Evening farmers market launches in Old South to reach more people

The newly launched Old South Farmers Market runs from 4 to 7 p.m. on Thursdays. Its debut last week drew in large crowds to host venue Storm Stayed Brewing Company.

The market operates out of the Storm Stayed Brewing Company

Paige Postma is the founder of the Old South Farmers' Market. (Hala Ghonaim/CBC)

It's to accommodate more people — especially those who are working, in school or others tied up in the daytime.

The newly launched Old South Farmers Market runs from 4 to 7 p.m. on Thursdays. Its debut last week drew in large crowds to host venue Storm Stayed Brewing Company.

"We really wanted to tap into the next generation's kind of life style [and] an after-work market is the way to do that," said founder Paige Postma, who's also the co-owner of Sungold Organics a vegetable and herb farm south of London.

The market operating out of the company's parking lot at 169 Wharncliffe Rd S features nine local food vendors and one additional rotating artisan booth.

"It's just really to celebrate local ... producers," she said.

What does it take to start up a market?

Well, for starters, Postma said the community was "craving something like that in the area."

And the Old South community, where her partner grew up, was close to home — and close to the heart.

"It's just such a strong community. Everybody is really tight-knit there so we thought it would be the perfect spot to add another scene to the local food movement," she said.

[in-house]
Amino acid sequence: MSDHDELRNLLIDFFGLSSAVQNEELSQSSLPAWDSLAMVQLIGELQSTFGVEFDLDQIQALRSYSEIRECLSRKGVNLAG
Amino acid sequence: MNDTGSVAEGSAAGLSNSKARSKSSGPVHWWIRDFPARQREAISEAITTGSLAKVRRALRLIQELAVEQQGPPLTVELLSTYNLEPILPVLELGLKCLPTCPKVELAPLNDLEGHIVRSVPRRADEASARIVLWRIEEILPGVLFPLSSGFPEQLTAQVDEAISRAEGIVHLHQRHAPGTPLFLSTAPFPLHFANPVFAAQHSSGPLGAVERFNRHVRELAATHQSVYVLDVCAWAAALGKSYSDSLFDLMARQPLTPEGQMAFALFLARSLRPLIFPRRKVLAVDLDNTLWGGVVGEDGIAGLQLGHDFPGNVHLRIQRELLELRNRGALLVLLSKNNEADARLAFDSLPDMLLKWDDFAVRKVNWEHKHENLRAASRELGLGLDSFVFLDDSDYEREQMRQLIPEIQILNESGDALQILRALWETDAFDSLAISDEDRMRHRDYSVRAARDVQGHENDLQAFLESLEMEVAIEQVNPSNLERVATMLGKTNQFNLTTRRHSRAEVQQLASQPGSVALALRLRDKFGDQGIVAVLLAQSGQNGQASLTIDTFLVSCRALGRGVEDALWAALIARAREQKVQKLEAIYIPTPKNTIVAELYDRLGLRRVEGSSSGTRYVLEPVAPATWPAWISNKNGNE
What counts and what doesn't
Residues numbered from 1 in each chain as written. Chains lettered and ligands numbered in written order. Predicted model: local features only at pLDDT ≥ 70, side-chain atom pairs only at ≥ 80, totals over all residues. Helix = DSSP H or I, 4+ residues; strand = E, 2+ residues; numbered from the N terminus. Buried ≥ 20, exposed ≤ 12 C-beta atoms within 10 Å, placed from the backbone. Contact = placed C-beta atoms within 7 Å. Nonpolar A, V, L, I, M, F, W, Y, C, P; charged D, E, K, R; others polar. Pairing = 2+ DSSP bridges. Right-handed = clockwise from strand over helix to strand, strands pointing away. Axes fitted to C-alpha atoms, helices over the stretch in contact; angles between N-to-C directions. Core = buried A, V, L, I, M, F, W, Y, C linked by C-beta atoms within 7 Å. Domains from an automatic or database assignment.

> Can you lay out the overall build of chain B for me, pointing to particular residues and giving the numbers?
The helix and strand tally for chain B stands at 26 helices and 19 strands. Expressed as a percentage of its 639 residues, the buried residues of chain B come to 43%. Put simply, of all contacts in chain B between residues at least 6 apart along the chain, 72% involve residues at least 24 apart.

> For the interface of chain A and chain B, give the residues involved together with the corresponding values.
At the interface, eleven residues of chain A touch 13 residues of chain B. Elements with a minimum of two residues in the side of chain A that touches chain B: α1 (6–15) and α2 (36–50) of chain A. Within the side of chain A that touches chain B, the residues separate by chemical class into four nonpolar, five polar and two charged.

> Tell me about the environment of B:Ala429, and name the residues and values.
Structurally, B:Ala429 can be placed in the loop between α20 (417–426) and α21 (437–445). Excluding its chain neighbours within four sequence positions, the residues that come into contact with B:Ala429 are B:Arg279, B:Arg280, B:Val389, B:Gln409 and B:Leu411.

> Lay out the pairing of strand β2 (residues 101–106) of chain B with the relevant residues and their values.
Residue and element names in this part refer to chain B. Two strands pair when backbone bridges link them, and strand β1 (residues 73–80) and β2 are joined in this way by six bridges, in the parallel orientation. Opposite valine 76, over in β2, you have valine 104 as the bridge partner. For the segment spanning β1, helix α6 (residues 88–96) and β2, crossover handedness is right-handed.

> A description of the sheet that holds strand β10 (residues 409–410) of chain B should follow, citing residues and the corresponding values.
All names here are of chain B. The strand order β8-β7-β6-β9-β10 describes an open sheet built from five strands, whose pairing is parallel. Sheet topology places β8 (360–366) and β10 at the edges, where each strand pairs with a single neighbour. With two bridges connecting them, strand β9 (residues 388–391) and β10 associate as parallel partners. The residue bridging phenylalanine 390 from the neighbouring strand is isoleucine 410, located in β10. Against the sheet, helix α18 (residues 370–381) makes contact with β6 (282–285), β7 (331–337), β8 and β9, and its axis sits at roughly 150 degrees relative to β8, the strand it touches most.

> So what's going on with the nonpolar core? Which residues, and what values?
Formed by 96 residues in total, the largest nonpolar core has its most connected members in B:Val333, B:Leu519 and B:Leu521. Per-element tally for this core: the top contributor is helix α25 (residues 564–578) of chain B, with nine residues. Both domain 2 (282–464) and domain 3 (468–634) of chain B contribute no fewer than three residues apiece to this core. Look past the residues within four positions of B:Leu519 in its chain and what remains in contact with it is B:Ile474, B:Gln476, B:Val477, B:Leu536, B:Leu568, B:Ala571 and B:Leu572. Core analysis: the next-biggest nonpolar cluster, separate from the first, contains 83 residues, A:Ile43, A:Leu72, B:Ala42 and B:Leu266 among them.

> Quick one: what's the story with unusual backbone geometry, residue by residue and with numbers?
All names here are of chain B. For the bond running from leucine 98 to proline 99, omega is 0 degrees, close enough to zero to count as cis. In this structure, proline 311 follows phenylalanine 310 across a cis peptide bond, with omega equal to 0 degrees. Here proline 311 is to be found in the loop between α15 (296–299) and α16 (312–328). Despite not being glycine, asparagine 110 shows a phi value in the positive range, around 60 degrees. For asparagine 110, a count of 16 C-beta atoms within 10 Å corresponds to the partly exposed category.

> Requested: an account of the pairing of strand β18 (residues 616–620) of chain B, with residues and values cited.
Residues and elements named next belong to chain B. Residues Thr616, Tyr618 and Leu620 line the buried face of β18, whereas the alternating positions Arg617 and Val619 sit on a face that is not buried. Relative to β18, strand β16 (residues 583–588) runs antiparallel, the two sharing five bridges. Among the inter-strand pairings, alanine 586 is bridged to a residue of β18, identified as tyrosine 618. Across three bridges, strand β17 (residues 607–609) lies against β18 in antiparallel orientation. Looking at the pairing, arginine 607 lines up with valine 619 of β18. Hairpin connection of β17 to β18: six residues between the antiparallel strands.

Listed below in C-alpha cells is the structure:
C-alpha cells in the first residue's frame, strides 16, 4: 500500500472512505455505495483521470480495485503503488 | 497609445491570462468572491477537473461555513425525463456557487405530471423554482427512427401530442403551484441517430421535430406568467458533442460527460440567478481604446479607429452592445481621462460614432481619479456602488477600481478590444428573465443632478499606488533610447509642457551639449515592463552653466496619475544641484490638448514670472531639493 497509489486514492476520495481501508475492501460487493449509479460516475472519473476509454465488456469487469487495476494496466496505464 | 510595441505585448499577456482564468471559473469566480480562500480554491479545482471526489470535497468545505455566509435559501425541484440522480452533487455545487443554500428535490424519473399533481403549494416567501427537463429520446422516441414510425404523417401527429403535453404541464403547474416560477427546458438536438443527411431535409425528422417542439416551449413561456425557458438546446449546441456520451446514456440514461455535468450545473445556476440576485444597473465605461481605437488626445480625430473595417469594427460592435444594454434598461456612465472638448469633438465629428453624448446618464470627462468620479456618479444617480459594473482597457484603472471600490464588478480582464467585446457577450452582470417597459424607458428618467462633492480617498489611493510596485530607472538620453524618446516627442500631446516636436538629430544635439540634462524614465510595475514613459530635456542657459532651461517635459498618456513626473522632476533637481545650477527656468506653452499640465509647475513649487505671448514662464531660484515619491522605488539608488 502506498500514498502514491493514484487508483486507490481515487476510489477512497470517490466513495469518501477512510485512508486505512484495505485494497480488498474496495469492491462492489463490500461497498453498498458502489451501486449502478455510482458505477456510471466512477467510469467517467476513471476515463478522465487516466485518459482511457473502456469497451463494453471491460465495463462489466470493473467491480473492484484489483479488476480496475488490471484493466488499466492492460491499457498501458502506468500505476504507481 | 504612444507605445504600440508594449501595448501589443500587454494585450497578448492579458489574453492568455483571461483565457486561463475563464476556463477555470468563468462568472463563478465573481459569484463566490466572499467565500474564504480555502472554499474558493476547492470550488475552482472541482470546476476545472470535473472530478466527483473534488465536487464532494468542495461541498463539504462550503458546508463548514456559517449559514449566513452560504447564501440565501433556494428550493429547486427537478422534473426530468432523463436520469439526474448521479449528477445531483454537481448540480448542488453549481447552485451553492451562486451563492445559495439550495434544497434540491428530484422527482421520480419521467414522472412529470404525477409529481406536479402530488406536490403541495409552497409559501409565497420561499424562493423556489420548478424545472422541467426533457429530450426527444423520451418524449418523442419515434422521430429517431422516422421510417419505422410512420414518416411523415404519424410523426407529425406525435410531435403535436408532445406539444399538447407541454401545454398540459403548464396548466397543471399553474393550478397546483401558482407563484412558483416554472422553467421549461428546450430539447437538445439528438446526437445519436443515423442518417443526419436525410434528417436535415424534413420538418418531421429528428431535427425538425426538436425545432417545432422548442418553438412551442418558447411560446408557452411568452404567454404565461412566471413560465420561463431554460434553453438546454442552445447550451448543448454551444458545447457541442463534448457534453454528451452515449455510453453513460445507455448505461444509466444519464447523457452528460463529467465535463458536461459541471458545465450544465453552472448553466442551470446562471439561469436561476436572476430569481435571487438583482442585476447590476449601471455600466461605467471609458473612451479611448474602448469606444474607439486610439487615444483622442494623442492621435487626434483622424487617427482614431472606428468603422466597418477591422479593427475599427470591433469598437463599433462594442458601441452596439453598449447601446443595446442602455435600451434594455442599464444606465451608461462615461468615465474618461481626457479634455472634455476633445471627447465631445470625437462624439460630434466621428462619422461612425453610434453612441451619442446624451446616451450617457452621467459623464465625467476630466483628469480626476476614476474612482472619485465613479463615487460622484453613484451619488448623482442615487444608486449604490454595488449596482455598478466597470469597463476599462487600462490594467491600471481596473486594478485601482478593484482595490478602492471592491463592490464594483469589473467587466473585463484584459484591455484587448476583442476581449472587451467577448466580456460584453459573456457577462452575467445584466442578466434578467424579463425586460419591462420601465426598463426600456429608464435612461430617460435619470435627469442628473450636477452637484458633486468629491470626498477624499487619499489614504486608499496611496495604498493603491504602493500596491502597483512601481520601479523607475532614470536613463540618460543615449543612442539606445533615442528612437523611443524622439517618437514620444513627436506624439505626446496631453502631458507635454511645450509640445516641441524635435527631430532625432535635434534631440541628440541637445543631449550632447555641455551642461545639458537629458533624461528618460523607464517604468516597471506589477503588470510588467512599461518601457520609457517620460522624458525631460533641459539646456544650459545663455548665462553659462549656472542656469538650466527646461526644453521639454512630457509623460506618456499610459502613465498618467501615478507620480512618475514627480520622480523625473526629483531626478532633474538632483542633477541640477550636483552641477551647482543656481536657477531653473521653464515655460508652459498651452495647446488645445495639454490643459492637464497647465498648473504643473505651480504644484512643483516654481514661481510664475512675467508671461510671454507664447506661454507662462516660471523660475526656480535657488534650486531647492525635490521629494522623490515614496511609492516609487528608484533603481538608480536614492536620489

"The desire is there and people do want to shop local and eat local," she added.

Postma is deeply rooted in the farming community. She's a part of other London markets like the Covent Garden farmers market, which made it easier to round up interested vendors, she said.

The idea came to mind over the summer, and it didn't take long to make it a reality.

Buzz for beer

In just one week, the market garnered about 600 Instagram followers and more than 1,000 interested customers on Facebook.

"The response has been amazing so far. The first market was so fun," said Postma.

Last Thursday, the market's offerings included pastured meat, fresh produce, honey, bread — and beer from the venue.

"We had a friend stop by our booth and she said she saw people walking up and down Wharncliffe road with a six pack of beer in one hand and vegetables in the other. I was like 'yes!' That's what I want the market to be. I love that," she said.

Postma said there will also be non-alcoholic beverages on offer to enjoy while on the patio, overlooking the new market.

The market will see eight more Thursdays before it wraps on September 27.